Why blood? Why does blood represent life? Because if you take the blood out of your body, there will be no life. The life of the body is in the blood. The reason we are alive today is because we have blood. If you lose all your blood today, you will lose your life. There will be no life without blood. Blood is the essence of the life that is in the human body.

And so why did God send Jesus? Because Jesus had the blood of God and the blood of man in his body at the same time. 100% God and 100% man. And the life of the body is in the blood. Therefore, blood being shed means life has now been given to pay the price for death. Blood representing life has been shed so that it can overcome and pay the price for the death that represents sin. Sin is represented in death, life is represented in blood, blood overcomes sin even as life overcomes death.

And that is why Jesus had to die on the cross and that is why blood had to be shed. The blood of lambs was shed as a precursor or as a foreshadowing, to give us a picture that the Lamb of God’s blood would eventually be shed, which would be much more powerful than the blood of a physical lamb. We needed the blood of God Himself and man, all at the same time to be shed for us so that it could overtake death and overtake sin.

Doctrine - Doctrine General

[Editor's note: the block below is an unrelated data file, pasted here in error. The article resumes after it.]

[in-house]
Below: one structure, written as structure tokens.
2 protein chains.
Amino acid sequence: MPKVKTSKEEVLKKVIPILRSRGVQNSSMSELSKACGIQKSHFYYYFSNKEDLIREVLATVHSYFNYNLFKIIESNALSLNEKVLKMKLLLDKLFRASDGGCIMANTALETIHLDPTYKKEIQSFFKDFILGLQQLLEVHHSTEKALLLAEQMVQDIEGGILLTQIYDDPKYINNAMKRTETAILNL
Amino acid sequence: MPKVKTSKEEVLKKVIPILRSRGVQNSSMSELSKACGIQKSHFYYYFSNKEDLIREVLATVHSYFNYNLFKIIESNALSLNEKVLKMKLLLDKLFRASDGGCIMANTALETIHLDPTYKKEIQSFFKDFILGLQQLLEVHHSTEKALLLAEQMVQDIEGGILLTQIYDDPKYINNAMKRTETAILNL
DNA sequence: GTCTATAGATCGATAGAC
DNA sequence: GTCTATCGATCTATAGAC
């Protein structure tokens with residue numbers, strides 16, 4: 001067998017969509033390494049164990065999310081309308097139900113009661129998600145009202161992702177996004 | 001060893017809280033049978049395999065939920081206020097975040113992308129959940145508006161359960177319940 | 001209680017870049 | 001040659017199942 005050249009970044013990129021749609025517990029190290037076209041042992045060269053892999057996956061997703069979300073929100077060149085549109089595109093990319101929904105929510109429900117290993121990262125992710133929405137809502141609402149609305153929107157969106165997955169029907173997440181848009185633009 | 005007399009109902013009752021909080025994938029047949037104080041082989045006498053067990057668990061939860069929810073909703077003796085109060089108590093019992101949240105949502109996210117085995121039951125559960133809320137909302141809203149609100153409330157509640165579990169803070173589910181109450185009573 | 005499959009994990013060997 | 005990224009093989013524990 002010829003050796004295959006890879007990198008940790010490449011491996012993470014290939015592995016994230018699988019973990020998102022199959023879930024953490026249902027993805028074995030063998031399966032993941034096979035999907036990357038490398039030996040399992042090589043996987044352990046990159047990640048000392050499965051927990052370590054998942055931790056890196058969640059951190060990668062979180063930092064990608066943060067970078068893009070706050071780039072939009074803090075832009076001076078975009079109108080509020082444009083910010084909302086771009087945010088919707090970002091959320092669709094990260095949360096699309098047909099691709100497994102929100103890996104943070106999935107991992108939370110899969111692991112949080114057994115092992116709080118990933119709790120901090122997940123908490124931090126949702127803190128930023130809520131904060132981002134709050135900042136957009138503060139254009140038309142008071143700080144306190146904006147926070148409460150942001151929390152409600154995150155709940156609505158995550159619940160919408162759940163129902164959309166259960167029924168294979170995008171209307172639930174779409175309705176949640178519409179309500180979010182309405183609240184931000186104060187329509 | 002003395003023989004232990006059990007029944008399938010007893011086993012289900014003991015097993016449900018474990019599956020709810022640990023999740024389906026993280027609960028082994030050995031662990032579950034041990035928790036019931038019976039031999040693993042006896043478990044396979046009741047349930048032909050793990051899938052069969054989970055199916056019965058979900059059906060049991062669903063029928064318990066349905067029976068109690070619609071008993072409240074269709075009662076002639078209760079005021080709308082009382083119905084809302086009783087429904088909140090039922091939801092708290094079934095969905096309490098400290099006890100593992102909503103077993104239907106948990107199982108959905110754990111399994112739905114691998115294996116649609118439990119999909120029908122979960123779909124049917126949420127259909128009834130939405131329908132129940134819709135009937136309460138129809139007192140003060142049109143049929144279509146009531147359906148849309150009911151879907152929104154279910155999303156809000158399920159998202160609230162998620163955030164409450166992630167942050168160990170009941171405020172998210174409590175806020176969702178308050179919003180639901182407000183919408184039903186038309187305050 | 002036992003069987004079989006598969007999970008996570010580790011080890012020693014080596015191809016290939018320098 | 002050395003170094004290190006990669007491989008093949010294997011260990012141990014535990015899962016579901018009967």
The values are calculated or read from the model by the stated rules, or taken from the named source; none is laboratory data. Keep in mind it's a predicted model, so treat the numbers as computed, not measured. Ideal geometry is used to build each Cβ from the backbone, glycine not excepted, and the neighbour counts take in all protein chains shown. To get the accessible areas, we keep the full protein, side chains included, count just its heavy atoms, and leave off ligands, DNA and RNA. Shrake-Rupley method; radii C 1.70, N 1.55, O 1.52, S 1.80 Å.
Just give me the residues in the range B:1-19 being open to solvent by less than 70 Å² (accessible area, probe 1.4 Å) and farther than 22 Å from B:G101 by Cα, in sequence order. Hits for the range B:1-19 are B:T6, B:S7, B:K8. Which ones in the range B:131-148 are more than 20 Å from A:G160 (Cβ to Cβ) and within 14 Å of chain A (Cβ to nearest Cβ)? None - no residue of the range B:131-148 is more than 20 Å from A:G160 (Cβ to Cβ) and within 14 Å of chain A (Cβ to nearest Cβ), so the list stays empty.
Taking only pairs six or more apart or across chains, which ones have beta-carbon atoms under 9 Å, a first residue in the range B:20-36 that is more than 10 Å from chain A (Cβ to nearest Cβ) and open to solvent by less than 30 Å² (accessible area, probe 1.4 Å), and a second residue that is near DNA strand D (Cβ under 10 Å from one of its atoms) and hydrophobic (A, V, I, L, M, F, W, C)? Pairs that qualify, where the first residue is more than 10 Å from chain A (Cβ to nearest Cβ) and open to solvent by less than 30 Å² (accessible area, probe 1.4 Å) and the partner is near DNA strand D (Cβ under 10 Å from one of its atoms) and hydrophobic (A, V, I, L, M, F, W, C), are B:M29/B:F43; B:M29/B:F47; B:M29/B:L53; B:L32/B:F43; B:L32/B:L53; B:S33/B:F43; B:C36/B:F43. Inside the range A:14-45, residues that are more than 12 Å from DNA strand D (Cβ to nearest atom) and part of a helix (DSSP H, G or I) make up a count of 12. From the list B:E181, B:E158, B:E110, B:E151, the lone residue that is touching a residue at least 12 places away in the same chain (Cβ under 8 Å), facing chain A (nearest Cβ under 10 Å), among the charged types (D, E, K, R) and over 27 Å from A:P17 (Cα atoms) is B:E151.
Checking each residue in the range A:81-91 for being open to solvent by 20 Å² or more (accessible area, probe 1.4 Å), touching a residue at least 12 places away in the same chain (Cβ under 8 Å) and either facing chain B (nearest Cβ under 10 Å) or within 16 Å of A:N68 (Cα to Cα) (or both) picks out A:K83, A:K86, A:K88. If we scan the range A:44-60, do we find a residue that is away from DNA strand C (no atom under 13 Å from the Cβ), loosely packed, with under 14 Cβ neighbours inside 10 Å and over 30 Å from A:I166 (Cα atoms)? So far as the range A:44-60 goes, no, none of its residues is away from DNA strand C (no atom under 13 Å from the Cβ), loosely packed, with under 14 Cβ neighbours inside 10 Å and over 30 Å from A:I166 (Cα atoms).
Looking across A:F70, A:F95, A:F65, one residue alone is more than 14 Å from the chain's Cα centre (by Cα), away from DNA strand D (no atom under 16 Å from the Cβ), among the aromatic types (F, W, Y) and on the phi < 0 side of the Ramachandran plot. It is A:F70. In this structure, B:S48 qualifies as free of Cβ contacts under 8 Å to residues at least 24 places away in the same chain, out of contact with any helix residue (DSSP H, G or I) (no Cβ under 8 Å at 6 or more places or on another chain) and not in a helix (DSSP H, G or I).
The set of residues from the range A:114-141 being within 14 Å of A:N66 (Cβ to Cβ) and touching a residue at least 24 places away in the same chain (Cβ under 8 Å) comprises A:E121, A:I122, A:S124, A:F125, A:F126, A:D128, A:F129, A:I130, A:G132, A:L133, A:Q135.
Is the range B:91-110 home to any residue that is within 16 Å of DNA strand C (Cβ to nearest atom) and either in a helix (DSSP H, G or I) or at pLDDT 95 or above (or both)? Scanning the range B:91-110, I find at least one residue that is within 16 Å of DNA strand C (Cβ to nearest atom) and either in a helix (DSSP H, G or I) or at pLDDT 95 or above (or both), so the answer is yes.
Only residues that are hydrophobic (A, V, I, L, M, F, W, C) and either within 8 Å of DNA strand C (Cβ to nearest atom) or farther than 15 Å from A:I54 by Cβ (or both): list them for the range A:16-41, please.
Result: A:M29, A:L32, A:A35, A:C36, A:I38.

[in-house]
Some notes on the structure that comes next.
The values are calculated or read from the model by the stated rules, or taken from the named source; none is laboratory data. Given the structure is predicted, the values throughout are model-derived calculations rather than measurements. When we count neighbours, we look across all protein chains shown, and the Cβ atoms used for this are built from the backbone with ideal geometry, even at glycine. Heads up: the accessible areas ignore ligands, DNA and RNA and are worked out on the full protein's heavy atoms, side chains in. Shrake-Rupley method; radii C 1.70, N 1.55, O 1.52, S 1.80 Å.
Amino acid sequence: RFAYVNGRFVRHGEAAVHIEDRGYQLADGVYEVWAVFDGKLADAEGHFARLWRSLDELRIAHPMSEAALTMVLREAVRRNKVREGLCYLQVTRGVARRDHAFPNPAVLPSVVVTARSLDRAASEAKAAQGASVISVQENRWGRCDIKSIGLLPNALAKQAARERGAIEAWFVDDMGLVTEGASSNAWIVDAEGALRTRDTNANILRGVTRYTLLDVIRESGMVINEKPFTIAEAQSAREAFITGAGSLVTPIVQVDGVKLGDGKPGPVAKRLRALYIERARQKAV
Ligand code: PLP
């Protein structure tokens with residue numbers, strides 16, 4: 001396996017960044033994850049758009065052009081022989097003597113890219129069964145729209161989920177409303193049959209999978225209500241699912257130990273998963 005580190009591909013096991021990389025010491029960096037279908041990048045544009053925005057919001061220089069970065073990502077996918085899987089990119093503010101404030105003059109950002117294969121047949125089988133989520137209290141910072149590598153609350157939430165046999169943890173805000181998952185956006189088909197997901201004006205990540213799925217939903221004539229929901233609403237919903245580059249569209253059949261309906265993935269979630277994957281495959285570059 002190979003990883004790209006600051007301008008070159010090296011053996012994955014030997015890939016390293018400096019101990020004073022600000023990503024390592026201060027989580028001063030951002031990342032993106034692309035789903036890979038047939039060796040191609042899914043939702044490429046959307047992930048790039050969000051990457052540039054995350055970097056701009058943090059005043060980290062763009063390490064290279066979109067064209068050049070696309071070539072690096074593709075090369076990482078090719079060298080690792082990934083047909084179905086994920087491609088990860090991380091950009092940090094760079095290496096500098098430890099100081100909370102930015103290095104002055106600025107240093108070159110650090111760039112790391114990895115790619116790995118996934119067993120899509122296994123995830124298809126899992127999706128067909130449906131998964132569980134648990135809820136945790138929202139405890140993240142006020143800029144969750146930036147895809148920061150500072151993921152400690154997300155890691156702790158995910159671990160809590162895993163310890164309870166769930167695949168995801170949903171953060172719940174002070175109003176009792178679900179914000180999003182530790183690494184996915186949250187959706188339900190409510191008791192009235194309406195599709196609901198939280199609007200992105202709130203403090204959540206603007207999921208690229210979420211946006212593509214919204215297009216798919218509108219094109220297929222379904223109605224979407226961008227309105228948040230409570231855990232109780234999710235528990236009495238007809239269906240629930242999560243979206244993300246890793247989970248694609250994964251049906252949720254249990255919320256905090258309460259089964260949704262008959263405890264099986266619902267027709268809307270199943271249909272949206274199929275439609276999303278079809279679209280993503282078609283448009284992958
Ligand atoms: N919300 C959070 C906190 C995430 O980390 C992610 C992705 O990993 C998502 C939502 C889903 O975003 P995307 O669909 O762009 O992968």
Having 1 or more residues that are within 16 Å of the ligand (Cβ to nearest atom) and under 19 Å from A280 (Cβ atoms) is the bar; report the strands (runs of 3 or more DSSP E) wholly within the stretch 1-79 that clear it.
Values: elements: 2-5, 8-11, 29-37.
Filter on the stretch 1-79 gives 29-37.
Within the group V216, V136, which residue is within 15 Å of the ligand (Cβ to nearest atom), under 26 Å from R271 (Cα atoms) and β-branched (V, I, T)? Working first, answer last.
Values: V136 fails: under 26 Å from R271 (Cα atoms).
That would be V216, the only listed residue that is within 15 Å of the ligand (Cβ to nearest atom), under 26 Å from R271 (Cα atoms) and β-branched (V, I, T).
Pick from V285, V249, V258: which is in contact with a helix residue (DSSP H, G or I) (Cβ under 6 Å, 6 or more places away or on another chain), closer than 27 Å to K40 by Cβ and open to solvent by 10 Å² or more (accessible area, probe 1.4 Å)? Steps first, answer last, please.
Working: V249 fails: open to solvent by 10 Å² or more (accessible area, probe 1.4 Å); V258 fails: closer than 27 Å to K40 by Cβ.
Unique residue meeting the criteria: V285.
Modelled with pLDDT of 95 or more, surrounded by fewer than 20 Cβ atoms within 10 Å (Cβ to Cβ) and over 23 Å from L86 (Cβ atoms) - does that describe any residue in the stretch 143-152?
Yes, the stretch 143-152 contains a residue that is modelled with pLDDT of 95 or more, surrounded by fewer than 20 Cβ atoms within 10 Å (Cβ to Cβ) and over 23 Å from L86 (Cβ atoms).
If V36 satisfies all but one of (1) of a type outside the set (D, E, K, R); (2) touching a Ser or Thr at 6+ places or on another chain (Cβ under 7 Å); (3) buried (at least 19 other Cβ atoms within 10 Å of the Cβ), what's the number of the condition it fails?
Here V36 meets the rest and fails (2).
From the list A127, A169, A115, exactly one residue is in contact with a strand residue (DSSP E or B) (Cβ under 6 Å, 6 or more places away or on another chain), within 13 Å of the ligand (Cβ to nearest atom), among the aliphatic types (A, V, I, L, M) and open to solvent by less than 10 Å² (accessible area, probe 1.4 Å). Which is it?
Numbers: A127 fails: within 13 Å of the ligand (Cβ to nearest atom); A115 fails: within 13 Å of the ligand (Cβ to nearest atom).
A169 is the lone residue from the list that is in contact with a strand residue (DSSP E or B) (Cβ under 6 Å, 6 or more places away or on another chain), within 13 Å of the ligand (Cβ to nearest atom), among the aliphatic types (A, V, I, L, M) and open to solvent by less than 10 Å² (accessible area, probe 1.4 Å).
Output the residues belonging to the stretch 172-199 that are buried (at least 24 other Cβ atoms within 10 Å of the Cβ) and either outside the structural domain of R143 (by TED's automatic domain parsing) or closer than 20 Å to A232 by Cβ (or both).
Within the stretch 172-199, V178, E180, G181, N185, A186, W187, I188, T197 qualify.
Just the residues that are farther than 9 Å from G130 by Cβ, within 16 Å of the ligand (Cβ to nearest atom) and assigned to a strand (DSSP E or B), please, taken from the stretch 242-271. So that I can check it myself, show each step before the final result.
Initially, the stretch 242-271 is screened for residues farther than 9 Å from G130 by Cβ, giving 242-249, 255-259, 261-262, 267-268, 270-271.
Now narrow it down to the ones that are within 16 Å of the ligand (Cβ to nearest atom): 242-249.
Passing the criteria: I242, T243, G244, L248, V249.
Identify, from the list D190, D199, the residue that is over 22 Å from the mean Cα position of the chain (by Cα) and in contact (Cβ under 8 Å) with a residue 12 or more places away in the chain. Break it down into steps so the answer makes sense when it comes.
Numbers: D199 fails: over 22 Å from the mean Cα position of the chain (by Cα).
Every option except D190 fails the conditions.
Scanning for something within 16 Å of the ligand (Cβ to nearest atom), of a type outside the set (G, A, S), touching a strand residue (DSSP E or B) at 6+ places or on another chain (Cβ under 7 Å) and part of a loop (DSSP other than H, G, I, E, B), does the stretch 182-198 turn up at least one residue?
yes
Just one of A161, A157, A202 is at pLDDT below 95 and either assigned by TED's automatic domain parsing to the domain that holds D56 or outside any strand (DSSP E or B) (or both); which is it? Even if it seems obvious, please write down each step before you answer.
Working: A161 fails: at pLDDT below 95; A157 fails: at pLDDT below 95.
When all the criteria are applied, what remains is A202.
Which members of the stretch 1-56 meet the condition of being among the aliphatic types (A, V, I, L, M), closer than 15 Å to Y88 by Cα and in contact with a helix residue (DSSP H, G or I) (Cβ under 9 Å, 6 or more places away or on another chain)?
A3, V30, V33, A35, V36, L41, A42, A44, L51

What’s the difference between a miracle and a blessing?

Well, that’s a great question. I think that a blessing is an overflow of doing the Word of God. The Bible says, “Blessed is the man who does not walk in the counsel of the ungodly, nor stand in the path of sinners, nor sit in the seat of the scornful.” The Bible says, “Blessed is the man that believes the Word of God.” “Blessed is the man that trusts the Word of God.” The blessing, therefore is the God’s overflow of our obedience to His Word and our obedience to faith in his Word. That would be how I would describe a blessing.

Now, a miracle is an instantaneous manifestation or an instantaneous arrival of something that God promised. There may be obedience attached to it or there may be nothing attached to it, it may simply be somebody prayed for you and a miracle took place. A miracle is an instantaneous arrival of God’s power ungenerated, not generated by something that we’ve done whereas a blessing is something that is an overflow or an effect of something that we caused by acting on the Word of God, doing what God’s Word says and then God blesses us because we’re following His Word. Blessings come in all shapes and sizes as do miracles. They’re both great, so welcome them both. Study them both in your Bible and you’ll grow in experience them in your life.